Retirement Tax Planning

Jason Hunter Retirement, Taxes

A big decision for everyone saving and planning for retirement (in addition to basic estate planning, of course) is how to best take advantage of tax-deferred plans. A recent article on CNNMoney discussed this.

If history repeats itself, tax rates will continue to change over the years. You can do little to control what the tax rates are. The article points out that for traditional 401(k)s and IRAs, income is taxed at ordinary income rates when you start drawing on the account. Outside of these plans (e.g., for your personally-owned brokerage account), you face the lower long-term capital gains rates and potentially favorable dividend rates (a max of 20% in 203).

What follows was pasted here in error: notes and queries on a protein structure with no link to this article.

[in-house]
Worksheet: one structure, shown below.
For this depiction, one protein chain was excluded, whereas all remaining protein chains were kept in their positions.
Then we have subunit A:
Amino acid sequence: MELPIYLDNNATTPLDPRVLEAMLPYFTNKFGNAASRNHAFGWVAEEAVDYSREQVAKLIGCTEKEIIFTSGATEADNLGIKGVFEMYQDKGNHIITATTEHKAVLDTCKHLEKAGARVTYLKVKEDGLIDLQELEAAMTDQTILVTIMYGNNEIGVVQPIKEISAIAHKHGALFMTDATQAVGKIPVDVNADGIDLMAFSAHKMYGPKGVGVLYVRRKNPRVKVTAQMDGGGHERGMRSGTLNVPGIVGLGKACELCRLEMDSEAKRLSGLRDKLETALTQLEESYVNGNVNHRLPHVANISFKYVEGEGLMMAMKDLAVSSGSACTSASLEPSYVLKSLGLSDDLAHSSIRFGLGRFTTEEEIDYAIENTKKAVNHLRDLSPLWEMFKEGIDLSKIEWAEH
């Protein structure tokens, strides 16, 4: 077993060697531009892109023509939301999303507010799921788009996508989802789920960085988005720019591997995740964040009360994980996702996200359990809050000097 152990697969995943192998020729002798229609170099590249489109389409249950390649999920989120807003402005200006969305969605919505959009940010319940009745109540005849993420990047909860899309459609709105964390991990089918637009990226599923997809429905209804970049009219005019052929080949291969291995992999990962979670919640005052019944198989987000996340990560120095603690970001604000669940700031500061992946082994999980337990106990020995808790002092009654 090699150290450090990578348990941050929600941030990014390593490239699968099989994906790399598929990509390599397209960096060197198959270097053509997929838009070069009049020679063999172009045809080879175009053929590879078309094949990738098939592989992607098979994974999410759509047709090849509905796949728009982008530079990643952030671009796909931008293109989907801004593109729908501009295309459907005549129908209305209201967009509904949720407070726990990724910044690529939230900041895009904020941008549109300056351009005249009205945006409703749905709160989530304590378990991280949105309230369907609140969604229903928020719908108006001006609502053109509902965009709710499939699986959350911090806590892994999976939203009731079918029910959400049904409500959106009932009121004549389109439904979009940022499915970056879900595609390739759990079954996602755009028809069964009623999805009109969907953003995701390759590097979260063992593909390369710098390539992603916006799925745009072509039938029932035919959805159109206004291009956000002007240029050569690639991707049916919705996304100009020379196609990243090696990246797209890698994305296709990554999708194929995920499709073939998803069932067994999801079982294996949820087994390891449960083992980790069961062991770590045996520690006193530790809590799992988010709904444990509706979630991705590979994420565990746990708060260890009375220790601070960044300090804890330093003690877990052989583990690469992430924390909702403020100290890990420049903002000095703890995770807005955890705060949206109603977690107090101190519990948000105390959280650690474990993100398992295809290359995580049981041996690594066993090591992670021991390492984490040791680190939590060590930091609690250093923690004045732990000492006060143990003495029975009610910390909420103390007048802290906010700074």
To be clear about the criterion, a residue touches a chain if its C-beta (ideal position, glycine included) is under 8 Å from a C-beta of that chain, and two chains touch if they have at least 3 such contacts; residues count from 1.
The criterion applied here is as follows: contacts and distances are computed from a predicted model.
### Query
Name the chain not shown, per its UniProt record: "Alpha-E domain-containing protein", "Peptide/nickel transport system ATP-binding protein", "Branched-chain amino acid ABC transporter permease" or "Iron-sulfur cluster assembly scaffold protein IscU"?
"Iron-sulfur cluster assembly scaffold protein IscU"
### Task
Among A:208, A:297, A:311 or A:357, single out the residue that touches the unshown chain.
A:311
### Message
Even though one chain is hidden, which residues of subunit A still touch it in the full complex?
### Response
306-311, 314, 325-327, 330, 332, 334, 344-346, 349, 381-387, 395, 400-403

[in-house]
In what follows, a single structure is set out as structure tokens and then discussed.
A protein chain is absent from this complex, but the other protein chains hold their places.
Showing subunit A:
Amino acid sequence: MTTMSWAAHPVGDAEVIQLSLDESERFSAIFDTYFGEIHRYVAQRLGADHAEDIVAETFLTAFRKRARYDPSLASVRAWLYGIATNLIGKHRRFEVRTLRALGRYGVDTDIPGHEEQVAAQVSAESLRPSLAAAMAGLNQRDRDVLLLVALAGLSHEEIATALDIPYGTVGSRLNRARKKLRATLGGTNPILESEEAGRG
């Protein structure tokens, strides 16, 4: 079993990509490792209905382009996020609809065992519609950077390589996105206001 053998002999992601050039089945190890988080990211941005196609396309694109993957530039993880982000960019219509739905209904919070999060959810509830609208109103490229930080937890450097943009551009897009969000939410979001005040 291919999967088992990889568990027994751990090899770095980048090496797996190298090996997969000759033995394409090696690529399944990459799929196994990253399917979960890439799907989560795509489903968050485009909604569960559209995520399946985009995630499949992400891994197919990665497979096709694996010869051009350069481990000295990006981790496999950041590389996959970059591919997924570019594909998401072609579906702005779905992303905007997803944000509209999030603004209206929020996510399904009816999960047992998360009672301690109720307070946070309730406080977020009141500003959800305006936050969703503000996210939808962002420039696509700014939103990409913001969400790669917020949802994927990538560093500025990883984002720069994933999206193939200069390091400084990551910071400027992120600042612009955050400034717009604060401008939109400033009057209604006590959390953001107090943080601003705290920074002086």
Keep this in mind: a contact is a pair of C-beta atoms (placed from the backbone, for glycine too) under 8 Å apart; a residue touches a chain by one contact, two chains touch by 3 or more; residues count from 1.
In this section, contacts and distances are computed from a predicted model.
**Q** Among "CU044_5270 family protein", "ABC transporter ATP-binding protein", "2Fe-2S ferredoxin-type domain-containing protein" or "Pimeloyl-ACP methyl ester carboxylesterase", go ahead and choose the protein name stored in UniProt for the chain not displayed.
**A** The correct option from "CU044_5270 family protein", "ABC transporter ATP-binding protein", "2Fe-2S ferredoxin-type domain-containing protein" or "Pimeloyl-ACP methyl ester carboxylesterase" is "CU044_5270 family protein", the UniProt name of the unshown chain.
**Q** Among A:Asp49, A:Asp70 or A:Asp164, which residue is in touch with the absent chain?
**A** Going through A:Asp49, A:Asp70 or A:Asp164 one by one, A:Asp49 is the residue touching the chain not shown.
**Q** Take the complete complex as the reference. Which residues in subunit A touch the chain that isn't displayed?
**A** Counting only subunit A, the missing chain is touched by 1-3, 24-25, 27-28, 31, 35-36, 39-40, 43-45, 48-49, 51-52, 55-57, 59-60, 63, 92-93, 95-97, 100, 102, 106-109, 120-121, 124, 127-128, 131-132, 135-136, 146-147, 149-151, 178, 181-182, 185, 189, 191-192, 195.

Based on this tax-rate differential, the article suggests that you can keep taxes down by keeping investments like stock index funds, stock ETFs, and dividend funds in your regular brokerage accounts–where they will be subject to long-term capital gain rates and holding bond funds and managed stock funds trading in tax-deferred accounts in your traditional 401(k) and IRA accounts. Many financial advisors can help factor in insurance and annuity products to that may also offer a tax deferred resource in retirement–depending on your retirement objectives.

In any case, it is wise to consider now what your tax rates might be in the future as you allocate your retirement savings. If you have questions about allocating assets between different types of retirement accounts, you should consult with your financial advisor. Generally, financial advisors are able to run informative scenarios that can illustrate a variety of variables, including variable investment return rates and tax rates.